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 India’s Tax Structure

 India’s Tax Structure

The salient features of India’s tax structure are as follows:-

  • Progressive, which means that as income goes up, the rate of tax goes up so that the rich are taxed at a higher rate than the poor so as to reduce inequalities.
  • Prone to evasion which implies that there are too many loopholes and exemptions / rebates which leave enough scope for evasion and avoidance of taxes.
  • Complex structure implying that not only tax rates may be high but also with many slabs giving room for evasion.
  • Excludes tax on Agriculture.                                     India’s Tax Structure

Tax reforms introduced in the last two decades have induced structural shift in the composition of tax revenue, marked by a progressive increase in the share of direct taxes in total taxation revenue and a corresponding decline in the share of indirect taxes.

The share of direct taxes in the gross tax revenue has progressively increased from 19.1 percent in 1990-91 to 55 percent in 2013-14.

  • India’s complex tax system suffers from problems in both structures and administration. The tax regime is used for industrial policy where the state gives exemptions and rebates to certain economic activity.
  • Uneven and high tax rates and uneven tax treatment of similar economic activities have induced distortions in the behaviour of firms and households.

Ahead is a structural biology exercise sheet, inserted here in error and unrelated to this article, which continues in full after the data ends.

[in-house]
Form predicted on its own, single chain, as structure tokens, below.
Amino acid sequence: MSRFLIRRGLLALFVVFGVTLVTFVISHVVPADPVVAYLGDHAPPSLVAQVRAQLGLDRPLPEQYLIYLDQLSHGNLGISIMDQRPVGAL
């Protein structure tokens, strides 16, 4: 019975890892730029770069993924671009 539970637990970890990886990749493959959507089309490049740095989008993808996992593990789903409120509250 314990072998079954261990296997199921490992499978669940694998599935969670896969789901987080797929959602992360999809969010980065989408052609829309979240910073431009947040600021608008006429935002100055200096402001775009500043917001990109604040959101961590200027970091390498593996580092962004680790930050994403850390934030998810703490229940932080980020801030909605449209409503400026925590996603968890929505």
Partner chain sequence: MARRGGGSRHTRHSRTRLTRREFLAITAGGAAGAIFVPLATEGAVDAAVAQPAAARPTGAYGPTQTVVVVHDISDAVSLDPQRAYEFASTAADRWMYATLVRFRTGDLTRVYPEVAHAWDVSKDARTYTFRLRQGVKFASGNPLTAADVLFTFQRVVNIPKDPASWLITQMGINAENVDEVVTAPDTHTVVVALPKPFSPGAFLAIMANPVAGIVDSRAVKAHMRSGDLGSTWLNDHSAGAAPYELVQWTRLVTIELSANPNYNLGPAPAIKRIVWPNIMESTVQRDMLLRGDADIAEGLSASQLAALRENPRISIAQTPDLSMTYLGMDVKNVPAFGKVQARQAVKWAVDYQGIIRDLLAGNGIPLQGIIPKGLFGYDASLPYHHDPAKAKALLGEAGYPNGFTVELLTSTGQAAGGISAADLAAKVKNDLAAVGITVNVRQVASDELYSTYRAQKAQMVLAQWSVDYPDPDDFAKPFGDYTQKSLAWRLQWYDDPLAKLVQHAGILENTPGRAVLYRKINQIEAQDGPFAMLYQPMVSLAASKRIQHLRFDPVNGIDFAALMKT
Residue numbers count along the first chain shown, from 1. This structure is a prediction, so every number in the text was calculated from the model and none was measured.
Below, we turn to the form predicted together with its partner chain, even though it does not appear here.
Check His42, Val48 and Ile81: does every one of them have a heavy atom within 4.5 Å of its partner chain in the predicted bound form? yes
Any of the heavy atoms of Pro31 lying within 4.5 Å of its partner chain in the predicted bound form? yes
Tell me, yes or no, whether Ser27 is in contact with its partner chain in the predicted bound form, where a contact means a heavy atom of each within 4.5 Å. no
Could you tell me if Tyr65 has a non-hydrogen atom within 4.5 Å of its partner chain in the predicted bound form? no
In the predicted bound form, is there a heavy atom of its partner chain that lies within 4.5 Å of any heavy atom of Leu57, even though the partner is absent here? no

• In addition, the manner of functioning of tax administration is imposing legal risk and substantial compliance costs upon households and firms.                               India’s Tax Structure
  • Tax reform in India can improve the ease of doing business and promote efficiency and productivity growth.
  • The tax/GDP ratio of the government must be obtained through a burden —sharing mechanism where low rates apply on a broad swathe of the population, through effective enforcement mechanisms.
  • Taxes clarified as ‘bad’ in public finance theory like cesses, surcharges, the dividend distribution tax, need to eventually go.
  • Reducing tax-related distortions can increase efficiency and fuel GDP growth. There is consensus that the GST will be a major milestone for indirect tax reform in India.
  • Replacing all existing indirect taxes by the GST will create a national market, eliminate cascading taxes, and align taxation of imports and exports correctly.                             India’s Tax Structure

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